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Savor the Season: Tomatoes

Tomatoes

Whether hybrid or heirloom, tomatoes can be loosely divided into several categories: beefsteak, paste, medium-sized and cherry.

In Season - Tomatoes

Beefsteak
Beefsteak tomatoes are large, irregularly shaped tomatoes that are good for slicing as well as eating raw or cooked. 

Aunt Ruby's German Green - Spicy and sweet, these juicy, large green tomatoes usually have a pink blush to them.

Brandywine - A rich, juicy tomato with a slightly spicy flavor and firm flesh.

Cherokee Purple - A dusty pink tomato with a milk chocolate tint and a rich, smoky flavor said to be named after the Cherokee Indians, who originally grew them.

Paste
Paste tomatoes, also called Roma or Italian tomatoes, have an elongated shape and are great for cooking and making sauce and paste because when fully ripe they have fewer seeds and less water than other tomatoes.

Amish Paste - A large (for its type) oblong-shaped tomato with a sweet flavor.

Olpaka - A red, chili-shaped tomato with a sweet-tangy flavor.

Medium Size
Medium-size, or canning, tomatoes usually grow to about the size of a tennis ball.  They are used in canning as well as being good slicing tomatoes.

Green Zebra - A small tomato with green-and white-striped skin, green flesh and an acidic flavor.

Stupice (STOOH-PEECH-KA) - Deep red-skinned tomato from easter Europe with a full-flavored flesh that is sweet and tangy. Try these roasted , too.

Cherry
Cherry tomatoes are small (about 1 inch), round tomatoes reminiscent of large cherries.  They are wonderful tossed in salads or stir-fries, used as garnishes or simply popped in your mouth. 

Currant - Tiny pea-sized tomatoes with a sweet, fruity flavor. There are both red and yellow varieties.

Yellow Pear - Small pear-shaped tomatoes with a mild, sweet flavor. They're great for snacking. There is also a red variety.

Tomato Harvest

Storage
Never store tomatoes in the refrigerator.  Once temperatures go below 50ºF, the quality of tomatoes deteriorates with the pulp getting mushy and loss of flavor.  Store at room temperature instead.  You can speed ripening by placing underripe tomatoes in a brown paper bag and closing.

Peeling
To peel tomatoes, heat a large saucepan of water to boiling.  Carefully place the tomatoes in the boiling water for 15 to 20 seconds.  Transfer with a slotted spoon or tongs to cold water, then peel skins from the tomatoes.

Coring
To remove the core,  cut a small circle around the stem end with a small knife and remove the core.

Seeding
To remove seeds, cut the tomato crosswise in half and gently squeeze or spoon seeds into a bowl.  Although seeding a tomato may be beneficial to a recipe, remember that the seeds are the highest concentration of vitamin C and much of the flavor.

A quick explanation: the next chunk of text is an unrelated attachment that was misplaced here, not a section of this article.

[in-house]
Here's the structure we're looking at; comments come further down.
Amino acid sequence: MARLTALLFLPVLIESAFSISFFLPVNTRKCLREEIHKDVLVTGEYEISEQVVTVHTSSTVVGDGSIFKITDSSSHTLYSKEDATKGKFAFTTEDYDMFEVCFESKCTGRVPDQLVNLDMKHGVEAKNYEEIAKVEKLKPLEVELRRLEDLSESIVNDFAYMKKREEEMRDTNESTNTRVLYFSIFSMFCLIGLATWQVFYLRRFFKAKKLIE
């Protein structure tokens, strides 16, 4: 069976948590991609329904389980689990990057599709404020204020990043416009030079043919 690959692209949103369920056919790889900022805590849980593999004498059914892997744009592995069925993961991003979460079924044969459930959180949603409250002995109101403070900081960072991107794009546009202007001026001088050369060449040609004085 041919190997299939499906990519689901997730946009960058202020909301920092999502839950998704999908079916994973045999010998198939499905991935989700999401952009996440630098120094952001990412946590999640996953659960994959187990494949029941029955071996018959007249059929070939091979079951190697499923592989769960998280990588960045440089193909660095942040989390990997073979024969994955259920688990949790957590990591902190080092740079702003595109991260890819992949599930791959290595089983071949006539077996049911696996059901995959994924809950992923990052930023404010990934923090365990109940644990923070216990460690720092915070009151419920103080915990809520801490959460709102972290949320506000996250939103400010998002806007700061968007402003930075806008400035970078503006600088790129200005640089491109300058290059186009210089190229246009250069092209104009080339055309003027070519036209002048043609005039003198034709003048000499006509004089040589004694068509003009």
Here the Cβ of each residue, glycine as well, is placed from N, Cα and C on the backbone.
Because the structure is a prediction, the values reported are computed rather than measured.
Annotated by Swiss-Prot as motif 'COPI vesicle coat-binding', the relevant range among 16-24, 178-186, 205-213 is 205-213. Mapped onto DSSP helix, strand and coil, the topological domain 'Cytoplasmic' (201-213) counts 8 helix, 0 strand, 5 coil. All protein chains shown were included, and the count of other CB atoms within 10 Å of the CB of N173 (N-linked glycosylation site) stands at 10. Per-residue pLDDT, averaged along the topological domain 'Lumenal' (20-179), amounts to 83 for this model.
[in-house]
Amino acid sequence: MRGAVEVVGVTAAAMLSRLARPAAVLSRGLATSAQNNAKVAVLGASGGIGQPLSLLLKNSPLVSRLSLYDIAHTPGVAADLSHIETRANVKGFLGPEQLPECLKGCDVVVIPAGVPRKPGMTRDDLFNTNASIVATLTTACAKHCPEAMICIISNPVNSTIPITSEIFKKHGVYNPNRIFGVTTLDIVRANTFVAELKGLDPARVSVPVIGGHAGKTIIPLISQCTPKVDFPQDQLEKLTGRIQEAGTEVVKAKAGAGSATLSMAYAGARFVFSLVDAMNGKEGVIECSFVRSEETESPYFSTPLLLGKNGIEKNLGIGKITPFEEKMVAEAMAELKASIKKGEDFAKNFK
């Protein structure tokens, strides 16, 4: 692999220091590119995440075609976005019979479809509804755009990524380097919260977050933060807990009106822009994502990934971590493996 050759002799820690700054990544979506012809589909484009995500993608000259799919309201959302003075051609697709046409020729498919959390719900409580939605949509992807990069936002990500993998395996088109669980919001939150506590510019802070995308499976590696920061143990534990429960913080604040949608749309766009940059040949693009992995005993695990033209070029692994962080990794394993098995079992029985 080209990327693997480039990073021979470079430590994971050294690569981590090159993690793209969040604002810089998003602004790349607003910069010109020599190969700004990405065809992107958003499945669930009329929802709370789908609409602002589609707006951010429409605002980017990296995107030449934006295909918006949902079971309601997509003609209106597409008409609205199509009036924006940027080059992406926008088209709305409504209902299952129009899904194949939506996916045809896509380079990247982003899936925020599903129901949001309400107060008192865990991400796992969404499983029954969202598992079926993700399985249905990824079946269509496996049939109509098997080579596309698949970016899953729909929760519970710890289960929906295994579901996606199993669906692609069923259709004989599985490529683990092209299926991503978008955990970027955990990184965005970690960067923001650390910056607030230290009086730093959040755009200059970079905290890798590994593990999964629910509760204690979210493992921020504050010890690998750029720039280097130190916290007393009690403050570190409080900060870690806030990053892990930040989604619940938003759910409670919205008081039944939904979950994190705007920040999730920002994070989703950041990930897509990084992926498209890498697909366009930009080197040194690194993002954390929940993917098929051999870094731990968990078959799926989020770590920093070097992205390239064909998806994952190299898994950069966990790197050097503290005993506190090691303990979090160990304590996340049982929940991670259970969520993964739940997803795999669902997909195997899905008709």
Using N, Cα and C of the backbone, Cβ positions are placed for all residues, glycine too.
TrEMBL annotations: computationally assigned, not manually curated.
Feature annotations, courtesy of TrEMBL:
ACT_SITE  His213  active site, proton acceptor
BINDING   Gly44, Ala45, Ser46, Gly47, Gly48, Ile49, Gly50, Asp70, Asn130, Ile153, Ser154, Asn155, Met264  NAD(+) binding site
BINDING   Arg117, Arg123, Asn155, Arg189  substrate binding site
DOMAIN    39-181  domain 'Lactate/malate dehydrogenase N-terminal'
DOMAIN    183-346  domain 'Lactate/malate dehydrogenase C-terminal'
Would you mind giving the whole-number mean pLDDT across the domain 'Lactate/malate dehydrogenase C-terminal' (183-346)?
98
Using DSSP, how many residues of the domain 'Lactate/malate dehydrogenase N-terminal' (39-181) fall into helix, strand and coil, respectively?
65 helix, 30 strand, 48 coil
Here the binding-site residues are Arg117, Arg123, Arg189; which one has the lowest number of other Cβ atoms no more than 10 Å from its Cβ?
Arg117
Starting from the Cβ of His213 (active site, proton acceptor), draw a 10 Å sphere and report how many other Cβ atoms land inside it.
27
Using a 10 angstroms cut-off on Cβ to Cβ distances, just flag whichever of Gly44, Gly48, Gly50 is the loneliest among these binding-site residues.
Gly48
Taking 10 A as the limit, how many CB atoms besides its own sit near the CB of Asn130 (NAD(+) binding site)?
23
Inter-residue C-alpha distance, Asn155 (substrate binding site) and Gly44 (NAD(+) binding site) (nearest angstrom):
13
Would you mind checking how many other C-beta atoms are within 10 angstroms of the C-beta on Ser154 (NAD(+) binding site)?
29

Freezing
To freeze fresh tomatoes, peel, seed and chop them; do not drain.  Place tomatoes in plastic containers or plastic freezer bags, and freeze up to three months.  Use in recipes as you would canned tomatoes.

Roasting
To roast a tomato, insert a long-handled fork into the tomato. Hold it over a gas or charcoal grill, turning the tomato until it is charred on all sides.  Let the tomato become cool enough to handle, then remove the skin. 

Nutritional Highlights

  • Vitamin C (The highest concentration is in the jellylike substance surrounding the seeds)
  • Beta-carotene
  • Folate
  • Potassium
  • Lycopene and other phytonutrients

The discovery of lycopene and what seems to be its remarkable impact on health has made tomatoes a nutritional darling.  Lycopene is credited for many of the potential benefits attributed to tomatoes, but it may be an interaction among all the nutrients in tomatoes that positively influences health.

Health Highlights

  • Reduced risk of cancer, including prostate, lung and digestive cancers.
  • Lower risk of heart disease (may reduce blood clotting, blood pressure and artery-clogging LDLs).
  • Early research suggests a lycopene link to neurodegenerative diseases such as Parkinson's, Lou Gehrig's and Alzheimer's. Its antioxidant action may have a protective effect against these conditions.

Adding Tomatoes to Your Table

  • Dip vegetables and chips into salsa instead of creamy-style dips.
  • Add sliced tomatoes to grilled sandwiches.
  • Make a salad of tomato, cucumber, zucchini and corn.
  • Top pasta with tomatoes, fresh basil, olive oil and cracked pepper.
  • Stuff a tomato with tuna or chicken salad.
  • Add grape tomatoes to the snack menu

Recipes to Try:

Tomato  Tomato 

Tomato 

Tomato  Tomato 

Grilled Vegetable
Salsa
     

Fresh Tomato
Sauce
 

Garlic-Basil Tomatoes
with Mozarella
 

Pesto-Stuffed
Tomatoes
 

Fresh Tomato &
Garlic Penne
 


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